Acclaimed photographer Richard Termine dicusses photography and puppetry in Storrs
On Wednesday, April 16th, acclaimed photographer Richard Termine, came out from behind the lens to discuss photographing live performances. As part of the Puppet Forum Series, his talk, "Puppets Through the Lens: Photography and the Performing Object," was held at the Ballard Institute and Museum of Puppetry in Storrs Center.
Termine began the night with an in-depth introduction, followed by basics for others pursuing the field and ended the evening with his experiences in the photography business.
Growing up in Middletown, Conn., Termine has always engaged with puppets. His elementary and junior high school days found him constantly interacting with different still life objects to create and manipulate characters.
"There is a magic of puppets and dolls that have always been important to me," Termine said, "It was a passion from the start."
Coming into his high school days, Termine was visiting UConn when he became involved with his first puppet production. It was Carol Tompson's "A Love for Three Oranges," which opened the Puppeteers of America Festival in 1970. This encouraged his love for puppets and connected him to the Puppet Art program. In time, Termine would graduate from UConn with a Bachelor of Fine Arts and a Master of Fine Arts.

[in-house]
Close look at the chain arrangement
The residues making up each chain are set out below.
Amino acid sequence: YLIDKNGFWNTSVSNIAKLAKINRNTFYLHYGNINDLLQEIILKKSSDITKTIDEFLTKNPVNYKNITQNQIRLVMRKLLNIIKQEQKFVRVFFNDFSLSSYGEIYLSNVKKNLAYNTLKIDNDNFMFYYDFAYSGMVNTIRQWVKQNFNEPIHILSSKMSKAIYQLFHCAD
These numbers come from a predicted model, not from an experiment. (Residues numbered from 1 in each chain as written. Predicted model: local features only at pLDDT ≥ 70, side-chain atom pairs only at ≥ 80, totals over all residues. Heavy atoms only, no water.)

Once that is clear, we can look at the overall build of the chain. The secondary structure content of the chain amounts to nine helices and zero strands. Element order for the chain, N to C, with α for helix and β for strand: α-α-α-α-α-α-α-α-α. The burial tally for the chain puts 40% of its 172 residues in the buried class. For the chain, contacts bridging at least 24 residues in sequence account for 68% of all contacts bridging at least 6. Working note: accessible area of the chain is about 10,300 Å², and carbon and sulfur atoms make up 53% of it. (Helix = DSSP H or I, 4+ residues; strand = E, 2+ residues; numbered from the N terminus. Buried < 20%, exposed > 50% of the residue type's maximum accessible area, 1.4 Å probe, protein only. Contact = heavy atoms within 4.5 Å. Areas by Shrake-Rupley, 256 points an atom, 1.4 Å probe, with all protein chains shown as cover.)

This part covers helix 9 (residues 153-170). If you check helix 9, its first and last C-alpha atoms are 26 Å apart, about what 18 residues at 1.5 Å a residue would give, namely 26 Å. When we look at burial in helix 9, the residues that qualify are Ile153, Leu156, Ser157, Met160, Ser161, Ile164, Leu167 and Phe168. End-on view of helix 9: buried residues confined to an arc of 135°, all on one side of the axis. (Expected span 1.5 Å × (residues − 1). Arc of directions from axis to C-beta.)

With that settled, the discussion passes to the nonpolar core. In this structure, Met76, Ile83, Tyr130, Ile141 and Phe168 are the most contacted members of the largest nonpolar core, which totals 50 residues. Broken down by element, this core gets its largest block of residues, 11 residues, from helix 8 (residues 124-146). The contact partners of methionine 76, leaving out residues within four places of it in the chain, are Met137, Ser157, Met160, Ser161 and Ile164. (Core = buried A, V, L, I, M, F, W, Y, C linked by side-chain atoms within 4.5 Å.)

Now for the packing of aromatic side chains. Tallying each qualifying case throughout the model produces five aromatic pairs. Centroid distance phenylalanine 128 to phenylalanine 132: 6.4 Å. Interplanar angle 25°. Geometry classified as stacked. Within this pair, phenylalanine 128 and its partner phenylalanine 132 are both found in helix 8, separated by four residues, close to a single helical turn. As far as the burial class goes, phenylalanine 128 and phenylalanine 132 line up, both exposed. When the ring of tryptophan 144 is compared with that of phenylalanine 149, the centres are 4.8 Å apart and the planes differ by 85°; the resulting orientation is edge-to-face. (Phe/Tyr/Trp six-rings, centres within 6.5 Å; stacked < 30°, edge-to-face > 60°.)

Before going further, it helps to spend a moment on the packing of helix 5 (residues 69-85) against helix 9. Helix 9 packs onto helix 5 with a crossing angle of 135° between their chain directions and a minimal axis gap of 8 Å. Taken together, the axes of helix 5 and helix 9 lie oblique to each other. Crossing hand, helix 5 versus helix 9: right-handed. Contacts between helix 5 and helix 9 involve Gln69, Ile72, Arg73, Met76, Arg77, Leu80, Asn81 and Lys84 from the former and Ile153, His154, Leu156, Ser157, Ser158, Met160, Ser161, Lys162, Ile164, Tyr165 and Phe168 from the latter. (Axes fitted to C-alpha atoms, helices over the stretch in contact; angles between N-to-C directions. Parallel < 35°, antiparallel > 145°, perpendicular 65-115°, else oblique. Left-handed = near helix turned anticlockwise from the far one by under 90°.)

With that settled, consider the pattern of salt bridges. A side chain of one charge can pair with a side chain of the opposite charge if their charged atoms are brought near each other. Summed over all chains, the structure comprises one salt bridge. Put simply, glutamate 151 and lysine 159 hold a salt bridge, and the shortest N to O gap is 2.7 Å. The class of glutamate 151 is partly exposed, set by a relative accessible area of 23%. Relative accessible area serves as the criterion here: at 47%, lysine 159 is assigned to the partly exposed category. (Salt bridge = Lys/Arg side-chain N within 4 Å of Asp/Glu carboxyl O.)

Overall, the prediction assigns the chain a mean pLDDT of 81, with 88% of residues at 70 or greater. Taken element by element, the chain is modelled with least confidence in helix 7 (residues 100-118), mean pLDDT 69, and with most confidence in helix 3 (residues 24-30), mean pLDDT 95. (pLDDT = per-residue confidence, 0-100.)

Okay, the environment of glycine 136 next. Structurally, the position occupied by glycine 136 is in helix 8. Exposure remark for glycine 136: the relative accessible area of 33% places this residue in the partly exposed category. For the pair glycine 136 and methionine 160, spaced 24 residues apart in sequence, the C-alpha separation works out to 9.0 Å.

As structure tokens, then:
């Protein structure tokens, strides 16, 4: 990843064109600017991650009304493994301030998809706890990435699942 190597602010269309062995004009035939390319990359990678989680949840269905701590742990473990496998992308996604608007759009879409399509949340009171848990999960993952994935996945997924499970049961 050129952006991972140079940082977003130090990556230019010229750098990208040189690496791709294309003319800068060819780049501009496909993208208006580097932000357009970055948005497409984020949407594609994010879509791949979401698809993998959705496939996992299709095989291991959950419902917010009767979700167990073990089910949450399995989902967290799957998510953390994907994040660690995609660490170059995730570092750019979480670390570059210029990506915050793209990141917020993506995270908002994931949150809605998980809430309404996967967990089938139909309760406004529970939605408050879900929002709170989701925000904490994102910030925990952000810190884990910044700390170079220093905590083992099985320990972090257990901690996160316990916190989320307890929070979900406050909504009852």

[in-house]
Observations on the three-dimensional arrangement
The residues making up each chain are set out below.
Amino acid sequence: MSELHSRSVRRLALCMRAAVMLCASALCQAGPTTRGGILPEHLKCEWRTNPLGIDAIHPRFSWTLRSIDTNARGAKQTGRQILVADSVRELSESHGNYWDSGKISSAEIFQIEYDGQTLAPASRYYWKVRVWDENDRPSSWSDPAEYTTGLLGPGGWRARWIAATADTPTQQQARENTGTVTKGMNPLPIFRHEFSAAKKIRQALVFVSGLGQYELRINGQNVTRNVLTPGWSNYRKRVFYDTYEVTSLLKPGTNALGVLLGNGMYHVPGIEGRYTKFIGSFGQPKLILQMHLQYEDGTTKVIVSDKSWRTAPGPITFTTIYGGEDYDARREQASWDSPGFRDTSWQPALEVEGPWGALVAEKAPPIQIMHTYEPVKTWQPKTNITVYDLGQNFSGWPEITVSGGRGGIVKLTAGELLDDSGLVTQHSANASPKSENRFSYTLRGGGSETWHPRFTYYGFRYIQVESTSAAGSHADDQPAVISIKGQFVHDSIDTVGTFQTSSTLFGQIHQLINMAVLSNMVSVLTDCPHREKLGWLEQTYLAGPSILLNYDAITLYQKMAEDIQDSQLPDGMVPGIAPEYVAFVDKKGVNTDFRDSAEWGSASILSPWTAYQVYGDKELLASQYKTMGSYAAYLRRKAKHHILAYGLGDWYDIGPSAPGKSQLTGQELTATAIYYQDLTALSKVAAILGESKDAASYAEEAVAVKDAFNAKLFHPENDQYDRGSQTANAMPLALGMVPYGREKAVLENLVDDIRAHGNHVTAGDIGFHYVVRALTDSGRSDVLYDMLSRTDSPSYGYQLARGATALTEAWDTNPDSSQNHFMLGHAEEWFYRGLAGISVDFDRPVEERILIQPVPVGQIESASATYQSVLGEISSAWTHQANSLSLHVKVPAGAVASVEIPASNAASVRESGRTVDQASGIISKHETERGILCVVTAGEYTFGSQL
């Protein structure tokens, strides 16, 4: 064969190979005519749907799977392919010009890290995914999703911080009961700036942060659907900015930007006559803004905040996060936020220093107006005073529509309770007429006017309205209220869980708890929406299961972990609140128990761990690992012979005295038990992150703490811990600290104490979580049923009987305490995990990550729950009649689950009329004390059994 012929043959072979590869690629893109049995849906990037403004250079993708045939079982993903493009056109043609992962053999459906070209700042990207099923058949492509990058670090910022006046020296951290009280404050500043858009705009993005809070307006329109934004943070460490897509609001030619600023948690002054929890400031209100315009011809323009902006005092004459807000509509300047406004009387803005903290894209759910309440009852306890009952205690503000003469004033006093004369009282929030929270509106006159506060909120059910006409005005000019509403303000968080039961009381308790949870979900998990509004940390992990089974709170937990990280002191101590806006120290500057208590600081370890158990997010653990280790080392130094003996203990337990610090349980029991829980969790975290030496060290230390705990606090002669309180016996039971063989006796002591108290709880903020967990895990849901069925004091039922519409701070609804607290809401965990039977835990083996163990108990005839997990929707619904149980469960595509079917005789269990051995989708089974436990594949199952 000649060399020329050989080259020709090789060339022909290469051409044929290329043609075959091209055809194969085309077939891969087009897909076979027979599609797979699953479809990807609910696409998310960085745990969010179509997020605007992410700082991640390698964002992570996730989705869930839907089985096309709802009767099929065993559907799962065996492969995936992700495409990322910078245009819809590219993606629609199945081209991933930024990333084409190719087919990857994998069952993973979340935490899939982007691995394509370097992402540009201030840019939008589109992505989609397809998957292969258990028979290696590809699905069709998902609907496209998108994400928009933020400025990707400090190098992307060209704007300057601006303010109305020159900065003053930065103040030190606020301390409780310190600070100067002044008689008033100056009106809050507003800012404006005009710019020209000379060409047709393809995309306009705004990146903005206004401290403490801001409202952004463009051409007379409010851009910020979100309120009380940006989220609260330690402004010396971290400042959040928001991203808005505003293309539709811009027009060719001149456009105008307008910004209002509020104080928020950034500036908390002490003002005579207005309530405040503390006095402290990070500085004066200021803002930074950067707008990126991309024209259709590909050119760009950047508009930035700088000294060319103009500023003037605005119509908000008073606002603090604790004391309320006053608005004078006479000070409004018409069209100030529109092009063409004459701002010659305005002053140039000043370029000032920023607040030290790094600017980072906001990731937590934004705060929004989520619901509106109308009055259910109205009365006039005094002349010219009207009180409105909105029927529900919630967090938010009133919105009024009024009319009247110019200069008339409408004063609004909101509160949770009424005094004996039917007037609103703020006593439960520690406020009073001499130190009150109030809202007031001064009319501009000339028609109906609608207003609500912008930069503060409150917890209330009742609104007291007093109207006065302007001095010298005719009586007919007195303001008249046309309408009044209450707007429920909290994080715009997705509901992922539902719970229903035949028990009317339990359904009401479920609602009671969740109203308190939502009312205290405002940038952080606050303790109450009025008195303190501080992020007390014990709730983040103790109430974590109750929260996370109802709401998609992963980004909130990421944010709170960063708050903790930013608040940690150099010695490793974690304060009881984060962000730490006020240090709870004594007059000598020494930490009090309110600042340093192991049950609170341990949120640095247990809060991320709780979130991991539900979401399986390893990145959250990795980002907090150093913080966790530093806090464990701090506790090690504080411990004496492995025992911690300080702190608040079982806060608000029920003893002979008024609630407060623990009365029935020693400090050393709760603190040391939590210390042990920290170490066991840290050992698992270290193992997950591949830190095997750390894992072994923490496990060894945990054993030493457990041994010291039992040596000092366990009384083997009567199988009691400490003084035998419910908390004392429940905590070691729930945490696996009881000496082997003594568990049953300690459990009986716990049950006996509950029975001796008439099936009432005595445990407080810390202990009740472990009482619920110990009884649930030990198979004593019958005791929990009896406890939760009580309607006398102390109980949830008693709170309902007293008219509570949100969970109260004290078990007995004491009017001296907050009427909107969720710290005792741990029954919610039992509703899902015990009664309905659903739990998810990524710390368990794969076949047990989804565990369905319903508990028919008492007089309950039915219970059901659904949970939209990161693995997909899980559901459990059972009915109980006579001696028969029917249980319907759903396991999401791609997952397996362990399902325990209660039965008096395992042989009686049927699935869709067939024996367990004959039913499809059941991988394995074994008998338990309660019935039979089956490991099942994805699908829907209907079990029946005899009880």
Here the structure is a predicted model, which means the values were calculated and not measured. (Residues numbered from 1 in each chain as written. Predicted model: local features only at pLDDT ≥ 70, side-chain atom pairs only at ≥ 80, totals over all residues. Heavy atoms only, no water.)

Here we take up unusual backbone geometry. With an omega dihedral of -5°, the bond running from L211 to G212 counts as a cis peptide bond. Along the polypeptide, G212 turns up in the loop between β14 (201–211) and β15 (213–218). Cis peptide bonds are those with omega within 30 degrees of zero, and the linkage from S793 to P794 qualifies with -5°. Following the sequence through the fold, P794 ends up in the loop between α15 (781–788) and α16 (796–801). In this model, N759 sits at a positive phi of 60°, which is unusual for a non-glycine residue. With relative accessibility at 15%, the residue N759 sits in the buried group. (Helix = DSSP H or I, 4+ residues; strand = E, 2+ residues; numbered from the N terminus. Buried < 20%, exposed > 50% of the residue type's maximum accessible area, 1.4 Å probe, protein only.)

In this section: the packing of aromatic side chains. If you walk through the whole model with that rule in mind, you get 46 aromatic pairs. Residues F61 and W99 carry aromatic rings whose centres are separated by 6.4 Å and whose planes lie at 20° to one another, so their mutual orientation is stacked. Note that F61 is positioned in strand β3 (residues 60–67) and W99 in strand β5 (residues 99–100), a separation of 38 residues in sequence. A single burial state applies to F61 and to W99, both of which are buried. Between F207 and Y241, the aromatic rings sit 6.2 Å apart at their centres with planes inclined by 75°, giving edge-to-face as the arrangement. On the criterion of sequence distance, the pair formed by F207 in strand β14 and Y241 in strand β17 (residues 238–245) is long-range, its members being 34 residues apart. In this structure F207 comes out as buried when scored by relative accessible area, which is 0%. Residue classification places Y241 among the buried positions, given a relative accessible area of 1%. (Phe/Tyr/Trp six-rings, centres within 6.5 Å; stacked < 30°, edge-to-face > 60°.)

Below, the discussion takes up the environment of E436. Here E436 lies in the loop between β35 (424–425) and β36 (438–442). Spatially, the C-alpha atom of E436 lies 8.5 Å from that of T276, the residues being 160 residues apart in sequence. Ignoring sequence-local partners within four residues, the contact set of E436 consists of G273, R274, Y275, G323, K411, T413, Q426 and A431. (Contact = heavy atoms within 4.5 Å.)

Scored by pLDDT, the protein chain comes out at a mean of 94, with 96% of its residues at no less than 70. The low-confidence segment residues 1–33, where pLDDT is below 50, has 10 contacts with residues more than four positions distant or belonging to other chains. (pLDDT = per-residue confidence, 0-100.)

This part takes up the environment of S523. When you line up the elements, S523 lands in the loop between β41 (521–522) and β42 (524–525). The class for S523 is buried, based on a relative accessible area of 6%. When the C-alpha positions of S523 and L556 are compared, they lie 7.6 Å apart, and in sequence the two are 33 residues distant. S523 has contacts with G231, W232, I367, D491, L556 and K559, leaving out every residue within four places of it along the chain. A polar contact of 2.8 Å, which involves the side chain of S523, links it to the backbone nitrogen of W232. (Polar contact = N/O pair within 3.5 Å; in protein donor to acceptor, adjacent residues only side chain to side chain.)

Following his graduation, Termine had difficulty landing the job he desired. He worked a series of odd jobs, spanning from teaching at theater departments to stitching in the Muppet workshop. Eventually, Termine made his way into the Muppet workshop, where he stayed for nine years. With this break, the puppeteer grew more interested in photography and its correlation to live performance.
"Stills and photographs are the best way to promote your work," Termine said, who speaks from experience, as he now judges puppetry propositions on the board of the Jim Henson Foundation, "A picture is worth a thousand of the most eloquent words."
The advancement into photography granted Termine a pass into a new world. With his knowledge he now photographs events from Carnegie Hall to "Blue's Clues." He has been the Production Photographer on "Sesame Street" and "The Muppets" for twenty years. This new field is critical to selling artwork and many UConn puppeteers were eager for his advice.
"A good photo has an event," Termine said. "A puppet comes to life through movement, and that is what you must capture."
While Termine willed puppeteers to capture the puppet just right, he also encouraged proper technique for the viewer's experience.
"The viewer's connection with the camera is strong. What the eye captures and what technology sees is very different," Termine said. "You must anticipate the movement; predict where it is going to go."
With a photographic mind, Termine admits that his technological side of photography is limited. He does not know that aspect as well, but he makes up for it through good contacts and perfecting his knowledge.
"This job is a commitment. My evenings must be kept clear because if that phone rings, I need to be off to an event," Termine said. "It's a great commitment though, because it is also magic."
To see some of Richard Termine's pieces visit the Ballard Museum, which is currently exhibiting his work, or check out his self-named website. Be sure to stop by for the BIMP's next Puppet Forum on April 30th at 7:30 p.m.
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